records for twin pairs born after 1870, forms one of the oldest national birth registries. This registry has provided data for many twin studies for Asthma, mainly comprising of twins born between 1931 and 2000 (Thomsen, 2014). Overall, twin studies have shown that MZ twins have almost twice the concordance rates for developing asthma than DZ twins, which inturn suggests that genetic factors do play an important role in Asthma pathophysiology (Bijanzadeh, Mahesh, &
Ramachandra, 2011).

Twin studies form a convenient platform to segregate and study the effect of genetics and the environment on the disease phenotype. However, there are certain factors which compromise the validity of these studies, the major one being the assumption that twins tend to share a majority of their environment. In addition, assumptions like MZ twins are always genetically alike and that there is an equal prevalence of the disease in MZ and
DZ twins, limit the inferences drawn from such studies, and further validation is essential to gain confidence on the results obtained (Thomsen, 2014).

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Alan S.L. Yu MB, BChir, in Brenner and Rector’s The Kidney, 2022

Twin Studies

Comparison of monozygotic to dizygotic twins and/or plain siblings reared in virtually identical environments have been informative.617,618 Goldfarb and coworkers sampled dizygotic and monozygotic twins from the Vietnam Era Twin Registry and found a
concordance rate of 32% in monozygotic twins compared with 17% in dizygotic twins, an effect that cannot be explained by the documentable dietary information.619 Other twin studies obtained urinary chemistries and found the hereditability of urinary calcium excretion rate to be around 50%.617,618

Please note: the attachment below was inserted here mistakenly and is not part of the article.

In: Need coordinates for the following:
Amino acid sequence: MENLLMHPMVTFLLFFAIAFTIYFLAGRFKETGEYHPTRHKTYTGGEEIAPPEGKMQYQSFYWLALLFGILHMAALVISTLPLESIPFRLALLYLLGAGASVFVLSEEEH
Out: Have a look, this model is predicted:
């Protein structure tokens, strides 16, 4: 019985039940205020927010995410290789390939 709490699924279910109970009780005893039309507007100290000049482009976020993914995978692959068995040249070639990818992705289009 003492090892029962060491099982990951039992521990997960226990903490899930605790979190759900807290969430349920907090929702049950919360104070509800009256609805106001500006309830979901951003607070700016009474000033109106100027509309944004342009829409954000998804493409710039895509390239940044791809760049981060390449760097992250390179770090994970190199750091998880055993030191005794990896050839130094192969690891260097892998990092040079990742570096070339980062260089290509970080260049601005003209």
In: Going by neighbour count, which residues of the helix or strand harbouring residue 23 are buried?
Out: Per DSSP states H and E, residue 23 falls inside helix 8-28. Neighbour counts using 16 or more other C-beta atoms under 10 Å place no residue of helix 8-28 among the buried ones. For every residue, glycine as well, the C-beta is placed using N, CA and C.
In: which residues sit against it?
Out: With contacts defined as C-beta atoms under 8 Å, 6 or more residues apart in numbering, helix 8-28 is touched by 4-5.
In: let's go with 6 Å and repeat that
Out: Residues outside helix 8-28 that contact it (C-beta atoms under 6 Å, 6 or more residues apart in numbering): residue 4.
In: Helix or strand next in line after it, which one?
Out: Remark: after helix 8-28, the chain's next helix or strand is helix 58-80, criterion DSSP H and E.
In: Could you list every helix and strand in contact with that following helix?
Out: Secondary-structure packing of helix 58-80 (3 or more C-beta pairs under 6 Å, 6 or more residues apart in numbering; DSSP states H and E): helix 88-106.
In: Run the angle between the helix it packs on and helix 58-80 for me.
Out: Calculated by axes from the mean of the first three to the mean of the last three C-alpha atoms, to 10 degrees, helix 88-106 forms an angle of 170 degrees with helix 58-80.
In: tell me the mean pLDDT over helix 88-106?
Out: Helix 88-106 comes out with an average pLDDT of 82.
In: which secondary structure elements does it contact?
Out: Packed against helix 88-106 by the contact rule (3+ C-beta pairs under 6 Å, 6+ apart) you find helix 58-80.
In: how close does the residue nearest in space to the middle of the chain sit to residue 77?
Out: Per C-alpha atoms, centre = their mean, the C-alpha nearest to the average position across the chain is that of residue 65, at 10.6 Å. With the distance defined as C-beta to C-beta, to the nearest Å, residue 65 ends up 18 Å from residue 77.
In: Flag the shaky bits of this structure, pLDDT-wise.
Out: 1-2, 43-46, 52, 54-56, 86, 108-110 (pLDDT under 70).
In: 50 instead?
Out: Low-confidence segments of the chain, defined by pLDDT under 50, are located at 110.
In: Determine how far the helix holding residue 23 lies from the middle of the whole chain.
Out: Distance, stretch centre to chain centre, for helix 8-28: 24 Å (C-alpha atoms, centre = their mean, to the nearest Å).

GENETICS | Clinical Genetics of Epilepsy

S.F. Berkovic, I.E. Scheffer, in
Encyclopedia of Basic Epilepsy Research, 2009

Twin Studies

Twin studies, which were first extensively utilized in epilepsy by Lennox, remain a powerful method
for demonstrating a genetic contribution in diseases with complex genetics. A comparison is made between concordances in identical (monozygotic) and nonidentical (dizygotic) twin pairs. Concordance refers to the presence of a disease in both twins. The degree of genetic contribution in a particular syndrome is judged by the completeness of the concordance in monozygous twins and by the extent to which it exceeds that in dizygotic twins.

Twin studies allow
the distinction of the effects of shared genetic factors from those of shared environmental factors. Moreover, significant results can be achieved in relatively small samples in which detailed and consistent phenotyping is feasible. Study of twins can also aid in classification and nosology, addressing the issue of ‘lumping’ versus ‘splitting.’ If two apparently different syndromes (splitter’s view) occur in monozygotic twins, then the syndromes are quite unlikely to be genetically different,
providing evidence that they would be better regarded as a single entity (lumper’s view). Finally, twins can also be used in matched pair designs, where one twin has had an exposure and the other not. Examples include effects of anticonvulsant exposure or postnatal insults.

In assessing twin studies, care must be taken to account for specific ascertainment biases. These biases include an excess of female monozygotic twins in volunteer twin registries, and
the tendency to over-report cases of concordant monozygotic twins.